Why taking offence is good

Small acts of resistance

Some think that the tendency to take offence is a “snowflake” generation thing, a sign of oversensitivity and a habit to grow out of. But instead of dismissing offence as the hurt feelings of the thin skined, we should take its main effect seriously: the undermining a person’s social standing. Taking offence then at behaviours that disrespect us is a small act of resistance, a signal to others of one’s social worth, argues Emily McTernan.  

Many dismiss taking offence as merely a matter of having one’s feelings hurt. An inclination to take offence is regarded as an affliction of the supposedly oversensitive ‘snowflake’ generation. Some even suggest there is a growing ‘culture of taking offence’ over what seem small details of our social interactions, like flirtatious remarks. But these are all mistakes. There is nothing new about taking offence and nor does it simply indicate hurt feelings. Instead, to take offence is a way to defend against small a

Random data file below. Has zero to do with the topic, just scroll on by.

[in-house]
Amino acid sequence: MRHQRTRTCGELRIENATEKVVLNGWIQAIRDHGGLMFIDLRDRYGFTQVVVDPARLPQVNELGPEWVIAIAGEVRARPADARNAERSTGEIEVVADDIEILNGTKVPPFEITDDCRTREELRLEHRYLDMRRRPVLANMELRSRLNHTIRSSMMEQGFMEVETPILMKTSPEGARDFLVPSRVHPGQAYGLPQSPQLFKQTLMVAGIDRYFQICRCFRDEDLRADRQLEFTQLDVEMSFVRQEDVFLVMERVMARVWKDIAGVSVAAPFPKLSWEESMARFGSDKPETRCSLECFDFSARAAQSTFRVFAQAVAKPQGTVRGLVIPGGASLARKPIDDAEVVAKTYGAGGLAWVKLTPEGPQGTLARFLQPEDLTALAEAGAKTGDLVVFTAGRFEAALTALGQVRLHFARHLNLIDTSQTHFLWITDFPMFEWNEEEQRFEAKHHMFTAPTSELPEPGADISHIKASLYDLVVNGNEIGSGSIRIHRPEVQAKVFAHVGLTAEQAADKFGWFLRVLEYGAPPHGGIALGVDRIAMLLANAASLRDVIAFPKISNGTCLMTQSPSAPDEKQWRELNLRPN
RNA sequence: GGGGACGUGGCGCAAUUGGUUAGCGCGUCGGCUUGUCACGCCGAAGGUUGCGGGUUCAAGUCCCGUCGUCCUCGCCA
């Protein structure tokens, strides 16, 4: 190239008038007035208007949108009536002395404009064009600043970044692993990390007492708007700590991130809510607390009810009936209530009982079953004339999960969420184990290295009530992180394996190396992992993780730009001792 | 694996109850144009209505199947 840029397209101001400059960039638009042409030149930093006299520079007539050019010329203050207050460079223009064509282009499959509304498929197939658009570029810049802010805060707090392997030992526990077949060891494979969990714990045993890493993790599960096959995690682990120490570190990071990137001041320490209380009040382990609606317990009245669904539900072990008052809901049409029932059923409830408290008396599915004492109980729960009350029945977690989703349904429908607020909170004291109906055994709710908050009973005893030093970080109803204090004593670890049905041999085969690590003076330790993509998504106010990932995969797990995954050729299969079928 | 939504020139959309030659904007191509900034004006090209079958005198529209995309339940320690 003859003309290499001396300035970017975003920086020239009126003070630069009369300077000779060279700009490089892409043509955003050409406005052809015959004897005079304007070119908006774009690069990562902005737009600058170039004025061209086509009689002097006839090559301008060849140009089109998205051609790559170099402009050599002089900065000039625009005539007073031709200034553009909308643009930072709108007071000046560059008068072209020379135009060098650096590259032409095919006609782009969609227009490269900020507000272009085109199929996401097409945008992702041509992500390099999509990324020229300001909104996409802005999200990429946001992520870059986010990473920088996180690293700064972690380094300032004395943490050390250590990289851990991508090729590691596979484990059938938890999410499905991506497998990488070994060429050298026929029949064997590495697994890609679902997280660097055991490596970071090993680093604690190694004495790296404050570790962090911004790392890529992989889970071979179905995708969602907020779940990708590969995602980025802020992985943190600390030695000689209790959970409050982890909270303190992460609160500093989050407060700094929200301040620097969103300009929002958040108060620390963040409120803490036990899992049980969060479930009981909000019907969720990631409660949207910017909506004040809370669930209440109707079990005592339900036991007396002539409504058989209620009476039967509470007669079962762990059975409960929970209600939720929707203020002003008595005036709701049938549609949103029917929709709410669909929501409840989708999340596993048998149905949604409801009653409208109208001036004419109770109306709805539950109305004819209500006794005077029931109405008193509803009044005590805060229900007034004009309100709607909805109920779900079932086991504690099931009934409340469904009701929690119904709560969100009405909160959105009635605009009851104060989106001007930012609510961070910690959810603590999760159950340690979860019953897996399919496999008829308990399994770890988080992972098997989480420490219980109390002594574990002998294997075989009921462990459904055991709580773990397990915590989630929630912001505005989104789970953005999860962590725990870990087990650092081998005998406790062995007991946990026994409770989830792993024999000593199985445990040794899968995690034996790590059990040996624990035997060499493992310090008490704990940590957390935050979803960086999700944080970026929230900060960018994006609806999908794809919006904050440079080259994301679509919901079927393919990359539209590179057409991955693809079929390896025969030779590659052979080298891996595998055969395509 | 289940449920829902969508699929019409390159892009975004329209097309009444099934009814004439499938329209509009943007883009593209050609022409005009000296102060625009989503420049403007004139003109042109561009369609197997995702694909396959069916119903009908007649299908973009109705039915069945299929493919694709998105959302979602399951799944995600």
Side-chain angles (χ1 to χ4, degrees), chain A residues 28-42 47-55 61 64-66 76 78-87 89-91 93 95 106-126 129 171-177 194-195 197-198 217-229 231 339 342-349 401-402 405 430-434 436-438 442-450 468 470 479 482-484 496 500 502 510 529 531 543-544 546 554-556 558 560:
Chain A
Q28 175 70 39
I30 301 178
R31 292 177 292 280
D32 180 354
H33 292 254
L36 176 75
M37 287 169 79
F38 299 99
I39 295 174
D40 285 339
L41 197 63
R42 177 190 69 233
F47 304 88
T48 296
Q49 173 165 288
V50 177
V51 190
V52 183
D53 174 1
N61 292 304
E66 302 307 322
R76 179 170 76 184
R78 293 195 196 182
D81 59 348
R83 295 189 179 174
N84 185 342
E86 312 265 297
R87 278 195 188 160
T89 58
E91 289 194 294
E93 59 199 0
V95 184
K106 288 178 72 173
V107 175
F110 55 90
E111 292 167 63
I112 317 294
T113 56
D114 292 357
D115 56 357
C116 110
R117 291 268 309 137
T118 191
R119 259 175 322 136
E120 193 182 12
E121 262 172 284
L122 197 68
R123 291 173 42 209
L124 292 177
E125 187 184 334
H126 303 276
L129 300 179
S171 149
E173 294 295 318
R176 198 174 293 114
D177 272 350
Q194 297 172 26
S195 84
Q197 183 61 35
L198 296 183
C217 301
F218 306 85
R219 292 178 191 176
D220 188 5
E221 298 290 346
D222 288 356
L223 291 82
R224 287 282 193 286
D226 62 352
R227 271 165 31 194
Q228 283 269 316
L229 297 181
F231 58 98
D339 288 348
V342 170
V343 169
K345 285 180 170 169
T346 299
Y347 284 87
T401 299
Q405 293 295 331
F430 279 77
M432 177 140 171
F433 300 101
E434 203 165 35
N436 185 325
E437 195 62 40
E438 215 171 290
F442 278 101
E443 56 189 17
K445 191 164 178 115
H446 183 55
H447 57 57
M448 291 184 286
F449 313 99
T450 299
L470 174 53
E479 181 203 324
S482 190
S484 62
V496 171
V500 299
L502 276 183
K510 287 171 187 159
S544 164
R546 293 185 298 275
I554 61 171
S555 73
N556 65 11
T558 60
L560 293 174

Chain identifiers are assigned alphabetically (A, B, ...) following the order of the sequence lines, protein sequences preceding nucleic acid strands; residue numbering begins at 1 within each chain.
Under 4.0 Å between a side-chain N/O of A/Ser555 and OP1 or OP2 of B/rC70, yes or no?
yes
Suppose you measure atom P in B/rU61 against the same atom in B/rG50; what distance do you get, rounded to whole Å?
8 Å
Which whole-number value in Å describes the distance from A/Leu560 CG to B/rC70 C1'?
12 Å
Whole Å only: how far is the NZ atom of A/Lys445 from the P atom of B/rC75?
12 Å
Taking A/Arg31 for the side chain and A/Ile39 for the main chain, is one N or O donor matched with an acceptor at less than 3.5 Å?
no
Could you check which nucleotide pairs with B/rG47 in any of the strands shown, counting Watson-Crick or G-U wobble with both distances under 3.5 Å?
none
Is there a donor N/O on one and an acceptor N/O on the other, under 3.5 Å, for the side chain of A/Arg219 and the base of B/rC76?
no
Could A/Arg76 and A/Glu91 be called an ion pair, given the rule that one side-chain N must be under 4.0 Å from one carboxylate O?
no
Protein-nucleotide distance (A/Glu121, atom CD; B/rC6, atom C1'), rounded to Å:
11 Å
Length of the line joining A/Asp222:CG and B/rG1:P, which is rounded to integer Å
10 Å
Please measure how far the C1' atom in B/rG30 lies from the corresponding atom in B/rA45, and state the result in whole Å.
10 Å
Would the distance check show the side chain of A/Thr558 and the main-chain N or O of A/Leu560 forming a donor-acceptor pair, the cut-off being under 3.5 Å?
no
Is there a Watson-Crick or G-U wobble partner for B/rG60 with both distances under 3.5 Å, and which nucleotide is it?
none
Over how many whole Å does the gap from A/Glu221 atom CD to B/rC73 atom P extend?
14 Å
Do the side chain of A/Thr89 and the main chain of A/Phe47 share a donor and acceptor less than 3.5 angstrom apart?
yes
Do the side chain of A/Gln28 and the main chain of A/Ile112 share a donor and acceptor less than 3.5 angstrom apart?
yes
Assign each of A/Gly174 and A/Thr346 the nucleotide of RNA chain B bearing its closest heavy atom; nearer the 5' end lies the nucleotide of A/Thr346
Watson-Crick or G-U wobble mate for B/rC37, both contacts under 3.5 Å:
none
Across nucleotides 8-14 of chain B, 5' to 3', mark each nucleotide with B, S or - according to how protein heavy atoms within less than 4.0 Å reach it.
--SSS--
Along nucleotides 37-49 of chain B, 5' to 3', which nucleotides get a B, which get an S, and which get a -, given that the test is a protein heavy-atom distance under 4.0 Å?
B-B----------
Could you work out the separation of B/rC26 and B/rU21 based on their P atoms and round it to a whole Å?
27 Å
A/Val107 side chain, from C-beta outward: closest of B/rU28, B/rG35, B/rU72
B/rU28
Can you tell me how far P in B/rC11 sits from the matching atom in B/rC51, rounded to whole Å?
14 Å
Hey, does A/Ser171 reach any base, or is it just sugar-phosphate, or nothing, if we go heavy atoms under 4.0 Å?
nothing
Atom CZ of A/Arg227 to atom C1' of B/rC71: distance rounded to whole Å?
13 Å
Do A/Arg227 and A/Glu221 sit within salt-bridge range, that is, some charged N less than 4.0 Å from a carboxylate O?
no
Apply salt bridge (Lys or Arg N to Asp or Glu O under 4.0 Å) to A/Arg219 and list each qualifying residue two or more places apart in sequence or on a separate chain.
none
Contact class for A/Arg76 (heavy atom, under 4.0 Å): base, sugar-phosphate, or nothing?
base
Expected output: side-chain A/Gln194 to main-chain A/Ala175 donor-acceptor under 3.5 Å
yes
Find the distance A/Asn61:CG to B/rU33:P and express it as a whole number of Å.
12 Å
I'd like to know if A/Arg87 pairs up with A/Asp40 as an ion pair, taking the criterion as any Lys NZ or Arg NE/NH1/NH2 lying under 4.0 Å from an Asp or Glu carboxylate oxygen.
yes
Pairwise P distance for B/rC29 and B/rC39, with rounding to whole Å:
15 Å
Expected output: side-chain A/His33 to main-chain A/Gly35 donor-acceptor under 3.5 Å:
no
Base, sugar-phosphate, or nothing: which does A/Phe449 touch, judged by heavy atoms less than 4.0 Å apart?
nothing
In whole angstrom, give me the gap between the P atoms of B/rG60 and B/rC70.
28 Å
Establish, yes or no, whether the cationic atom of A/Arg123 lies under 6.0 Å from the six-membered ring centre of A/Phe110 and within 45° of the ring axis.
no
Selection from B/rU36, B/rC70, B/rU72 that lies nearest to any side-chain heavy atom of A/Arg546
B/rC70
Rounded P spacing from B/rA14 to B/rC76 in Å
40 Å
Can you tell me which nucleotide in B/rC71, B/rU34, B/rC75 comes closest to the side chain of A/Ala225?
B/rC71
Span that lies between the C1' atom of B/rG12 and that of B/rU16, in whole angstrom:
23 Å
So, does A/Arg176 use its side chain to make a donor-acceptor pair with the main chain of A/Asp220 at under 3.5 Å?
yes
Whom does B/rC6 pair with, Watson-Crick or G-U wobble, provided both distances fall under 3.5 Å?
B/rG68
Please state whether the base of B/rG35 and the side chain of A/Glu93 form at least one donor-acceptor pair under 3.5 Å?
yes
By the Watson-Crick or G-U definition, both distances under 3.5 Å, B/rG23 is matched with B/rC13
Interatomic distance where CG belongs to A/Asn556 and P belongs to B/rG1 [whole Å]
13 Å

Continue reading

Enjoy unlimited access to the world's leading thinkers.

Start by exploring our subscription options or joining our mailing list today.

Start Free Trial

Already a subscriber? Log in

Join the conversation